Mumbai: Billionaire Mukesh Ambani’s Reliance Industries Ltd may start work on a multibillion-dollar chemical plant this year, reviving a project to meet India’s surging demand for the raw materials for plastics, drugs and textiles.

Expansion strategy: The plant will get its feedstock from gases and other by-products produced at Reliance’s Jamnagar facility (above), the world’s largest oil refining complex. AFP

The plant will get its feedstock from gases and other byproducts produced at Reliance’s Jamnagar facility, the world’s largest oil refining complex, and will take about four years to build, the person said.

Reliance is restoring a project originally slated to start in 2011 as refiners, including Exxon Mobil Corp., Royal Dutch Shell Plc and Saudi Basic Industries Corp., add petrochemical capacity to meet demand from Asia’s fast-growing economies. Cracking margins for ethylene, which fell to about $100 (Rs4,720) a tonne in 2008, recovered to more than $400 in the first quarter.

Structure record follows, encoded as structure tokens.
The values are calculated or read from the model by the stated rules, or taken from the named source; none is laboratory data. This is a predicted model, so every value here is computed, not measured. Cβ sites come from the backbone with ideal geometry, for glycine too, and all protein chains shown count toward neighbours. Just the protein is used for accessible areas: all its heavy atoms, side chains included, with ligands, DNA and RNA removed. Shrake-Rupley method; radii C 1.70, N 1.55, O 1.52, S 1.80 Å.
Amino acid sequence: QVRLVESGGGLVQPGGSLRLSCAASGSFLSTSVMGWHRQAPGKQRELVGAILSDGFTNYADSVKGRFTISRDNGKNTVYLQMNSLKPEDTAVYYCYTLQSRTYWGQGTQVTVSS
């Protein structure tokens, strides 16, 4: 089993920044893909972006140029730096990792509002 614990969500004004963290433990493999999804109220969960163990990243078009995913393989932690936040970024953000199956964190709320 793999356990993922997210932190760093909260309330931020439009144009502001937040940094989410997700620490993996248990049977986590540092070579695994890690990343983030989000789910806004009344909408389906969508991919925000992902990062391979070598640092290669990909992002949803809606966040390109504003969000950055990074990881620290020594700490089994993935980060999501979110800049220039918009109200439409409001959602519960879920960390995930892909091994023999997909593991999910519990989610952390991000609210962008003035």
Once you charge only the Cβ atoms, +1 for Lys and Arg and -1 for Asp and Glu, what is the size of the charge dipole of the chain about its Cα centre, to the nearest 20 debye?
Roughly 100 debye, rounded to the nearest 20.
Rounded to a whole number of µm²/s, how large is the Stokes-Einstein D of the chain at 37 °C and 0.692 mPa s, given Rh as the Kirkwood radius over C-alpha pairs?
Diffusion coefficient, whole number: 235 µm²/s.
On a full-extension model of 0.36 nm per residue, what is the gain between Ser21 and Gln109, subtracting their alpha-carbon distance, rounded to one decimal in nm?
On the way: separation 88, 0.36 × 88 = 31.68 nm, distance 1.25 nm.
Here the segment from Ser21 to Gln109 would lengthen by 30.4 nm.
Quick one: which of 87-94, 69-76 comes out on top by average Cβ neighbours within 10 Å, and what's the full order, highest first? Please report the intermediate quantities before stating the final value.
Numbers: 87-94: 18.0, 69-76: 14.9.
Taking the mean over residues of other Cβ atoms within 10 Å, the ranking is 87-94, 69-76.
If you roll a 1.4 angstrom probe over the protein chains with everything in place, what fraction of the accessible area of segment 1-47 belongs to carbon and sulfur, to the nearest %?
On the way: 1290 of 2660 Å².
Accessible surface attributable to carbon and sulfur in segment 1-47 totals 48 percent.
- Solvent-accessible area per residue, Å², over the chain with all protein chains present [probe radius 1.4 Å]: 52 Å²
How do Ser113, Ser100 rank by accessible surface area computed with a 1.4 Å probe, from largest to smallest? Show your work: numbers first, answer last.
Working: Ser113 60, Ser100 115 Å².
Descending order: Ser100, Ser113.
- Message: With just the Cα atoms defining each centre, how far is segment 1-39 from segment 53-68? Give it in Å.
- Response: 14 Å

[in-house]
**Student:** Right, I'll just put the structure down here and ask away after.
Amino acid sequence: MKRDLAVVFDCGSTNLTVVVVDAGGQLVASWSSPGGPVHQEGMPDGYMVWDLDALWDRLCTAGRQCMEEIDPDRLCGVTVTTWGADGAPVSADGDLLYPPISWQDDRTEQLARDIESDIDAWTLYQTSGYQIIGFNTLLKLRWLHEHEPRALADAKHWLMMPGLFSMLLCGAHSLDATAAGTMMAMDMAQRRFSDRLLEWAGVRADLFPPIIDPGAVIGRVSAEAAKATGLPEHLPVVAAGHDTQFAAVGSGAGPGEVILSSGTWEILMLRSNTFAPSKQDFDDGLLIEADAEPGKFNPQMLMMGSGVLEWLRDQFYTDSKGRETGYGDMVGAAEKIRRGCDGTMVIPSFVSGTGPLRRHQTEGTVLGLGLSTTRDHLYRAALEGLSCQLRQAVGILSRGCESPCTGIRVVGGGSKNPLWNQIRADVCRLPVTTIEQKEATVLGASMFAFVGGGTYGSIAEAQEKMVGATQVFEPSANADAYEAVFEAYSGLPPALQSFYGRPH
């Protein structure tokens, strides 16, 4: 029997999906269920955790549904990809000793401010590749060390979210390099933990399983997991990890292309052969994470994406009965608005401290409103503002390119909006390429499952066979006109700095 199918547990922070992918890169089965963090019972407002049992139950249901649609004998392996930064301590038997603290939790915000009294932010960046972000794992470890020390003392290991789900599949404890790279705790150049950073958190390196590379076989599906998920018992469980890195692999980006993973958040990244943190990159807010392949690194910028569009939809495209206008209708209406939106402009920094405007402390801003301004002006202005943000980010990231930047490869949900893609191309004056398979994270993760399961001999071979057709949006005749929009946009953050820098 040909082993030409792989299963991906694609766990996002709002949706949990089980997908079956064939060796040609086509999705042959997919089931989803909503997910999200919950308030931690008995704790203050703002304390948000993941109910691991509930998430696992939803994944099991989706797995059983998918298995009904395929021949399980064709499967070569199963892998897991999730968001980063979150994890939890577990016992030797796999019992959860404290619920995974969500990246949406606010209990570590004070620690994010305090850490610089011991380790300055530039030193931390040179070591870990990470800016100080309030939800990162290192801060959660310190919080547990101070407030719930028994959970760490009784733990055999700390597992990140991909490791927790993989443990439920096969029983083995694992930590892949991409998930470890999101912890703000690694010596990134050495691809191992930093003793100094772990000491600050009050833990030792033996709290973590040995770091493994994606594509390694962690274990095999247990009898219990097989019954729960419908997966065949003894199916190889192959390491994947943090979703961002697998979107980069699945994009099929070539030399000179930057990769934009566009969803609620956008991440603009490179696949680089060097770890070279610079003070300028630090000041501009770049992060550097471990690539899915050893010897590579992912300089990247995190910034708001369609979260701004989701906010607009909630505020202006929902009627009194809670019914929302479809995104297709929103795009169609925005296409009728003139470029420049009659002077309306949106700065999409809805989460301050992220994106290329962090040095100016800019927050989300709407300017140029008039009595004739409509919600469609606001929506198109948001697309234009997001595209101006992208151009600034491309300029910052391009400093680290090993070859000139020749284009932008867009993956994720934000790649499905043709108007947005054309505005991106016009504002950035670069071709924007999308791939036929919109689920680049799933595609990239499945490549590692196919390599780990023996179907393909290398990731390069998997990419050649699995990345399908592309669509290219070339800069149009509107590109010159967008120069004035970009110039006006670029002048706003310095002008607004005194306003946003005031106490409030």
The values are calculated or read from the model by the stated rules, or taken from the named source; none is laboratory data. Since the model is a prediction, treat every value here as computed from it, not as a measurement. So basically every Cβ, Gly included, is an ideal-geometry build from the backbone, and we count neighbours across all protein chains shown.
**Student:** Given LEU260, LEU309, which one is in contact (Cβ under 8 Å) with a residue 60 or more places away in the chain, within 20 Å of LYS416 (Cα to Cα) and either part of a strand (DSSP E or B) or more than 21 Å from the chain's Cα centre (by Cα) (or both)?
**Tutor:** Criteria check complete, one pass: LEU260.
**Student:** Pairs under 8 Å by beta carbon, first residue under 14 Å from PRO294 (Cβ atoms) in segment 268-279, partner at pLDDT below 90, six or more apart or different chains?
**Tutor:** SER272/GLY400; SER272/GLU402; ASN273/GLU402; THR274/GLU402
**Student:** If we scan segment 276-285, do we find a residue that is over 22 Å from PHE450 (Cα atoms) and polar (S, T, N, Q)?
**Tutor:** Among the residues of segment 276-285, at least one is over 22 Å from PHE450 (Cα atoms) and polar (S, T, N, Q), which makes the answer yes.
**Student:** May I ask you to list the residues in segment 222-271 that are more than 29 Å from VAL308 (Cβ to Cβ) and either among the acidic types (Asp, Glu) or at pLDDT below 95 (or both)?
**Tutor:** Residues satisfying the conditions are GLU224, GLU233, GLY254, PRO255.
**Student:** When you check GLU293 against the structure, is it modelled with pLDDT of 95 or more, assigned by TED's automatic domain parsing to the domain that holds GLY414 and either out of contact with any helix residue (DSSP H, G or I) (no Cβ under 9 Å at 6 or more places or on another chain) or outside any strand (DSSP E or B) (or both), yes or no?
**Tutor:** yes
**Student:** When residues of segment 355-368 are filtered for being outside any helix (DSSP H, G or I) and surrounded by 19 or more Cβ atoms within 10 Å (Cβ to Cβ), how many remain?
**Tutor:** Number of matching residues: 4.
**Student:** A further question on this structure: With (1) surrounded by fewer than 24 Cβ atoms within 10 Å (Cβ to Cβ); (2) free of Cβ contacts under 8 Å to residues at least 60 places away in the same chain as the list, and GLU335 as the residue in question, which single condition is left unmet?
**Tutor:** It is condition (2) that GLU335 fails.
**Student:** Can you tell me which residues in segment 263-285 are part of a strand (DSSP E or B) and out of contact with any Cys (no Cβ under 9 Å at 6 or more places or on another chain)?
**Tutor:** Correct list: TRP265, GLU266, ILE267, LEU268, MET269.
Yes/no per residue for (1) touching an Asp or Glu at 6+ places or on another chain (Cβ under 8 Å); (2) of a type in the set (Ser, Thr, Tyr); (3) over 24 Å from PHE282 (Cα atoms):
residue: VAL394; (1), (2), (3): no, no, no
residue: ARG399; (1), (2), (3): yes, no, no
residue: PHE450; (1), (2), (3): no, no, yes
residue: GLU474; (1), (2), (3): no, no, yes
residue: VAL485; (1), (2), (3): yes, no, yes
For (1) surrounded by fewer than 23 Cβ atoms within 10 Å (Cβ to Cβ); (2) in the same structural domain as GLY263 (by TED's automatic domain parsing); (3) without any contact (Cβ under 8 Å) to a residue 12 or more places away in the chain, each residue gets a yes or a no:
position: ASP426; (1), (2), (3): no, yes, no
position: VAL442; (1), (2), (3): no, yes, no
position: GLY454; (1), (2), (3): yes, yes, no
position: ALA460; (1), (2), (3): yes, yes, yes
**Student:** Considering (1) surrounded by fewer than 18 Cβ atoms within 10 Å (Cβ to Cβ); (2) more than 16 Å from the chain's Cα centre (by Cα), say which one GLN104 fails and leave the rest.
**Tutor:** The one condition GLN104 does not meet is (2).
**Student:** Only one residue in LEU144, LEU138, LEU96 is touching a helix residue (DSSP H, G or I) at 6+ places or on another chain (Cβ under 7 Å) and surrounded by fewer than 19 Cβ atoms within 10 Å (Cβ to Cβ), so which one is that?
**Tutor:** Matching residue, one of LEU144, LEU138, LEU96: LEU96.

“This will come at a good time. We are oversupplied right now but beyond 2011, there’s a sharp drop-off in terms of new capacity," said Sriharsha Pappu, a Dubai-based analyst with HSBC Bank Middle East Ltd. “In the next three to four years, we could very easily be undersupplied."

Manoj Warrier, a Reliance spokesman, didn’t respond to emails and phone calls requesting comment.

Ambani, Asia’s richest man, predicted last month that rising crude prices will force the petrochemical industry to become more competitive by building super-size plants that integrate oil refining and petrochemical manufacturing.

“Everyone is worried about excess capacity in our industry," Ambani said at a conference in Mumbai on 14 May.

New projects must migrate to new petrochemical super sites and new assets must factor the shift in demand to Asia, he said.

Reliance’s board approved a proposal in February 2007 to build a $3 billion integrated cracker and petrochemicals complex at Jamnagar by 2011, according to a statement it filed to the Bombay Stock Exchange at the time.

Bloomberg

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